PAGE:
The CAT was the Democrats’ signature accomplishment of the 2019 session and was designed to infuse $1 billion a year into Oregon’s struggling K-12 education system.
According to a December 5, 2017, report in the East Oregonian, Oregon ranked 49th in the country for high school graduation rates, had one of the shortest school years, one of the highest ratios of students-to-teachers and one of the highest rates of chronic absenteeism — all while requiring more credits to graduate than any state except New Jersey.
Earlier in 2019, the Oregon Senate approved $9 billion — a ten percent boost — in K-12 funding over the next two years to cover the period before schools are to receive the first CAT proceeds. Approval of this funding measure was surprisingly bi-partisan, passing 55-4 in the House and 26-2 in the Senate.
“The Chamber completely supports K-12 education. These (students) are not only our kids, they are our future work force,” said the Bend Chamber’s Brooks.
“Oregon’s fastest-growing school districts are in Central Oregon,” EDCO’s Lee said. “While we have five percent of the state’s population, we account for 19 percent of Oregon’s student population growth.” CAT funds would help local school districts meet their K-12 funding needs, but, “There are so many better solutions to our tax structure problems,” Lee said, adding that we are too reliant on state income taxes.
The COVID-19 economic crisis is expected to result in a $3 billion revenue shortfall for the state, according to Gov. Kate Brown. State agencies are already being asked to prepare for a 17 percent reduction in authorized expenditures.
Given the colossal and unexpected new pressure on state finances, Lee said it would come as no surprise to see the CAT taxes appropriated for other General Fund uses instead of K-12 education. Such “flexibility” is written into the statute, he said, citing the Oregon Lottery legislation as an example of how the house and senate can divert funds from intended beneficiaries.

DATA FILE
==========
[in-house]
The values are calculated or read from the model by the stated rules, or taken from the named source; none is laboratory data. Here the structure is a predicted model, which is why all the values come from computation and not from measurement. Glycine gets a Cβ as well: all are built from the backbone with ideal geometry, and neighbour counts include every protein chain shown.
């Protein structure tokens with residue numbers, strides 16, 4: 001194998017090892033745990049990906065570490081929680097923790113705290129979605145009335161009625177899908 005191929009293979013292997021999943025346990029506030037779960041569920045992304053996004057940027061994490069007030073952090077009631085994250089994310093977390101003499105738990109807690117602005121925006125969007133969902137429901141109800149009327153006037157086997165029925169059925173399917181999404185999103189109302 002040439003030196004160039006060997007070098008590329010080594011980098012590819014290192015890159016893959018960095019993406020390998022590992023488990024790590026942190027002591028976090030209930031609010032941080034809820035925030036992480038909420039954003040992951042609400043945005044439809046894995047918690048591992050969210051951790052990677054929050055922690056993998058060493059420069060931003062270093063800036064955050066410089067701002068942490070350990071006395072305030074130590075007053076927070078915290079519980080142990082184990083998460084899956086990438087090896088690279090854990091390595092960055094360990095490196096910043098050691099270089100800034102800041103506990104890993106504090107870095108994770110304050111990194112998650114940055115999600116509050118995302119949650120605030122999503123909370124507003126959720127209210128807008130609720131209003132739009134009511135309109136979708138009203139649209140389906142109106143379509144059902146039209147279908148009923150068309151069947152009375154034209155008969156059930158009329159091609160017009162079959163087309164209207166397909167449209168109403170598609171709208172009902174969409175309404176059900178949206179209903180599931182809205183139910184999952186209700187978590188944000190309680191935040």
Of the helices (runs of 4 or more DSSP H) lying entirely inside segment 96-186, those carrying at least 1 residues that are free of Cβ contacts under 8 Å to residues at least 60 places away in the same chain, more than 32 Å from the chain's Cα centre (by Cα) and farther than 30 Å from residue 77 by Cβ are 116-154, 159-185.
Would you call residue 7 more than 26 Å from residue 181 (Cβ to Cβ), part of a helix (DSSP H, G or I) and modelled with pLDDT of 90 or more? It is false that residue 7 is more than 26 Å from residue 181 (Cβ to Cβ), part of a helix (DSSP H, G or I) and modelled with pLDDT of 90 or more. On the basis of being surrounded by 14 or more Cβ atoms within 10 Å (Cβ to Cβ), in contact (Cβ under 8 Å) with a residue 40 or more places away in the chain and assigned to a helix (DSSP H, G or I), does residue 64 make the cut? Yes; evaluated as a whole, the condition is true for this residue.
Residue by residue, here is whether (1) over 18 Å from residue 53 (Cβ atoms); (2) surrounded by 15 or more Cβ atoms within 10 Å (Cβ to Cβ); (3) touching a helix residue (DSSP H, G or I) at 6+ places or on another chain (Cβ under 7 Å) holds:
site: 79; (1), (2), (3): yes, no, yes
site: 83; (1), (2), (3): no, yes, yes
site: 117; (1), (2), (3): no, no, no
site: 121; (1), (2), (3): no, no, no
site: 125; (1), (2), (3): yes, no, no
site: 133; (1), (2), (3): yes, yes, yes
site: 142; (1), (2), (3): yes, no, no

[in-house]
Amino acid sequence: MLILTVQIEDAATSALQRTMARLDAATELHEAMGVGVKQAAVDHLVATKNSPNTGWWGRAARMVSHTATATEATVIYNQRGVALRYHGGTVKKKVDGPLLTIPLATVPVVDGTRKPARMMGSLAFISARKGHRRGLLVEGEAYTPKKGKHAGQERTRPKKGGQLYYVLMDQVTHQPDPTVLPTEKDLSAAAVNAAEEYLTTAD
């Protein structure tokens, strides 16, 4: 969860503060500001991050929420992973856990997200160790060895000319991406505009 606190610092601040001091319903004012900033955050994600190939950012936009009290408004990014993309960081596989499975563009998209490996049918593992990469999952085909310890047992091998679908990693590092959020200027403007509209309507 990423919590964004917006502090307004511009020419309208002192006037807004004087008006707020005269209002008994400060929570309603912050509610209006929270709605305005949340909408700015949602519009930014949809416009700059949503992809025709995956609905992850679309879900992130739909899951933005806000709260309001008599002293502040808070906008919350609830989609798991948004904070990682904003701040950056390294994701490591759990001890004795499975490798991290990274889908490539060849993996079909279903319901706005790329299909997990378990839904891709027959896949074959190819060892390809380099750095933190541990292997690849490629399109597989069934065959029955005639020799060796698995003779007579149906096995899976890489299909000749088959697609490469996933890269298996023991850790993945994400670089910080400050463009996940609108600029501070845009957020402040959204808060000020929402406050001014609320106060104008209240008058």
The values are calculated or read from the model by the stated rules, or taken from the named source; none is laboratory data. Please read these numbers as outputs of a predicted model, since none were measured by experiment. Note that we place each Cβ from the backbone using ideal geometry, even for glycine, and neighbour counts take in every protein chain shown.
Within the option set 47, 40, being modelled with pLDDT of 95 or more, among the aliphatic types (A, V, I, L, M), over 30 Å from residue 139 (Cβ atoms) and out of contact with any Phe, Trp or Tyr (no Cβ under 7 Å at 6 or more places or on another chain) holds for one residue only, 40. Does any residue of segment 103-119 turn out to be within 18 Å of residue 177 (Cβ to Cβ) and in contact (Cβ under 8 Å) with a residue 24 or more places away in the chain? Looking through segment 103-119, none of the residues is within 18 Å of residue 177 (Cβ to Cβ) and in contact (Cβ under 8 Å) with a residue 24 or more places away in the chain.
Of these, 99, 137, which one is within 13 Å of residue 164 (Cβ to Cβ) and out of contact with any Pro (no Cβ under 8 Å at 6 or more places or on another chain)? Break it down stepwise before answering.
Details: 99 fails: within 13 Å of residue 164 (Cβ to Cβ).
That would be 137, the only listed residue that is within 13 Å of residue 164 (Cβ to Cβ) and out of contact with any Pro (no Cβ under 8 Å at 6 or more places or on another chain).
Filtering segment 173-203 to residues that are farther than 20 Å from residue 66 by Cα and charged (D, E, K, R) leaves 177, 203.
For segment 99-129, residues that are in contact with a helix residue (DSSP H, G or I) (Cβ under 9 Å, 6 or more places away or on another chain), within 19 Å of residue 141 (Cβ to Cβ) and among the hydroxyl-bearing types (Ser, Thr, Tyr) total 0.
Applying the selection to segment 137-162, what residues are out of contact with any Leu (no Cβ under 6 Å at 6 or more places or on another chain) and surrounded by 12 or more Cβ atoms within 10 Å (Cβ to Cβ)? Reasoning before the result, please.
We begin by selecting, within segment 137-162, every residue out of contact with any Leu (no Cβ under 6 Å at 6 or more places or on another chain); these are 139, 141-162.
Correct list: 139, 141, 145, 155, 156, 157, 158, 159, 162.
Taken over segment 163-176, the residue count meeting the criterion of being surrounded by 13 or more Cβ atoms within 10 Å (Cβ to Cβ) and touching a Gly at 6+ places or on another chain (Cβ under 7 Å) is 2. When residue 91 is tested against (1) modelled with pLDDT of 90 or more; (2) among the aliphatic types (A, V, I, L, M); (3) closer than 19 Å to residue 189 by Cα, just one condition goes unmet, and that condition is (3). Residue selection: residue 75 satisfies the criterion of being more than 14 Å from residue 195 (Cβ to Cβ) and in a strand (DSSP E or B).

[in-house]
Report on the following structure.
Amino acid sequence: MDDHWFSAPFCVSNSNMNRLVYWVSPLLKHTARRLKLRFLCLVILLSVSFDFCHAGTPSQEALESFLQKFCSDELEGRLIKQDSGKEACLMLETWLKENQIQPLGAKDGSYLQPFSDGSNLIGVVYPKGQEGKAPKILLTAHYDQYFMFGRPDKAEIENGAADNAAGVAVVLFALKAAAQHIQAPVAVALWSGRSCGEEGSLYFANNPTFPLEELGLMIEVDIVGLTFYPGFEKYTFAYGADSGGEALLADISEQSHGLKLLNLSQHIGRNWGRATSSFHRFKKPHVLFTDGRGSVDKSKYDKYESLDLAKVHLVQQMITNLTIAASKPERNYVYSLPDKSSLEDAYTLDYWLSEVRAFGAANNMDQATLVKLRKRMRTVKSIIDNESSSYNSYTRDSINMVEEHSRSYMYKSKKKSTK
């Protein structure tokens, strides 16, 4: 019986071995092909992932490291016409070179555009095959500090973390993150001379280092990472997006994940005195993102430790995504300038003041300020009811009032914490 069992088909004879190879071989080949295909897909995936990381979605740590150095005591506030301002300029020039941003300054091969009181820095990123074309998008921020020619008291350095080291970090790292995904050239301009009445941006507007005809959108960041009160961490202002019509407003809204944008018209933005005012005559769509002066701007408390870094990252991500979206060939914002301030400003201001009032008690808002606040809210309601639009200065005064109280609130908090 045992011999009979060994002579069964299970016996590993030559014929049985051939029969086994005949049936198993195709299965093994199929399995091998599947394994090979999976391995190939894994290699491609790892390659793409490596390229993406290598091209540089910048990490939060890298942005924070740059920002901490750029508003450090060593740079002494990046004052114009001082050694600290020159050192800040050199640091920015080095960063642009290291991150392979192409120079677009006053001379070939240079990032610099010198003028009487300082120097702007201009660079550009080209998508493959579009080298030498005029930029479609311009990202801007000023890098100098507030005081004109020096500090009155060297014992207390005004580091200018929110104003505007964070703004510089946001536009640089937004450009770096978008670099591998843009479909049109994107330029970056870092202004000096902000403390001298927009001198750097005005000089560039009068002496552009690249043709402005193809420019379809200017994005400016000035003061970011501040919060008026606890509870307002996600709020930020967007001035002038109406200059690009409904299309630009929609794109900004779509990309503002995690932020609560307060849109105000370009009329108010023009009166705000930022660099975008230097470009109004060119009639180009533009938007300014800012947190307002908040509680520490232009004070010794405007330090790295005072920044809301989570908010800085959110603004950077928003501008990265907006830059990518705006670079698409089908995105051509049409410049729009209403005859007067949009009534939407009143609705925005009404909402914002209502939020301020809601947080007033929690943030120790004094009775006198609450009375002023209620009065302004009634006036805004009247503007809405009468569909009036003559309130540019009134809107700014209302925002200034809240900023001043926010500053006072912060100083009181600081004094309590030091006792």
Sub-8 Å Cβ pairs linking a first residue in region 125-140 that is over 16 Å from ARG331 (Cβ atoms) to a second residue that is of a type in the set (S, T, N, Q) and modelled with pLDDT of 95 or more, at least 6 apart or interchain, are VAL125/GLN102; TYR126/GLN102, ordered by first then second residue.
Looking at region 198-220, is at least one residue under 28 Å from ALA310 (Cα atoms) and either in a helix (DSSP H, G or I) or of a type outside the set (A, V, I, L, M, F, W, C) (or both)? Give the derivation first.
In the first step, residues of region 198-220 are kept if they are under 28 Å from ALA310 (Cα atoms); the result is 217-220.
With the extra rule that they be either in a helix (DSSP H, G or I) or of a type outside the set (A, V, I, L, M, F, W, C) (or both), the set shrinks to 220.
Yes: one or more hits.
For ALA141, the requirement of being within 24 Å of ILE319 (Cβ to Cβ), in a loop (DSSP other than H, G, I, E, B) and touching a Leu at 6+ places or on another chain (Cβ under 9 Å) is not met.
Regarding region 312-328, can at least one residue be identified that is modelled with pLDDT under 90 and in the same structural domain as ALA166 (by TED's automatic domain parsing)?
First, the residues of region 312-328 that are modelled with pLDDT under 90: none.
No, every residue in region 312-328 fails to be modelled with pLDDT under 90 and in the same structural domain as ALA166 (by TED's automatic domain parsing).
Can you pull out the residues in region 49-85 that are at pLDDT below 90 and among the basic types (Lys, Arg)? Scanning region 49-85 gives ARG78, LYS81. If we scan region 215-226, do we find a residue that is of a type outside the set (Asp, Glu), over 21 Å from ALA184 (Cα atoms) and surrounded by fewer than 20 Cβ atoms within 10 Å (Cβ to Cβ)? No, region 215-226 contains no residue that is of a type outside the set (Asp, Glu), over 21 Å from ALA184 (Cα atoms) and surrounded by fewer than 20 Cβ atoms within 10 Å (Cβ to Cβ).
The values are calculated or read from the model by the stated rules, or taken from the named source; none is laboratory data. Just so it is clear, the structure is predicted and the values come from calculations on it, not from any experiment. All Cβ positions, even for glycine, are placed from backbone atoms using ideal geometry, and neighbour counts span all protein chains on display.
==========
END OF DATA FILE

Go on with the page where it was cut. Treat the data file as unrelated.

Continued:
“The (Lottery) referendum was approved for 100 percent to go to community development,” Lee said. “But over the years 70 percent was eventually used to support K-12 schools.”
“It’s similar with the CAT,” he continued. “The bill leaves the door open for other uses.
“It will be interesting to see what happens, with the precipitous decline in personal income tax (due to the economic crisis). How is the state going to get revenue? It’s going to be a rough road. The more productive interaction between the business community and lawmakers, the better the solutions will be to the state’s revenue shortfall.”
(Notes: Three requests for Bend-LaPine School District’s input to this story were not answered. Requests also were made of several local business owners to contribute their views. They declined to go on the record so as not to offend real or potential school district business clients.)
Tom Olsen of Bend is president of Olsen and Associates Business Advisors.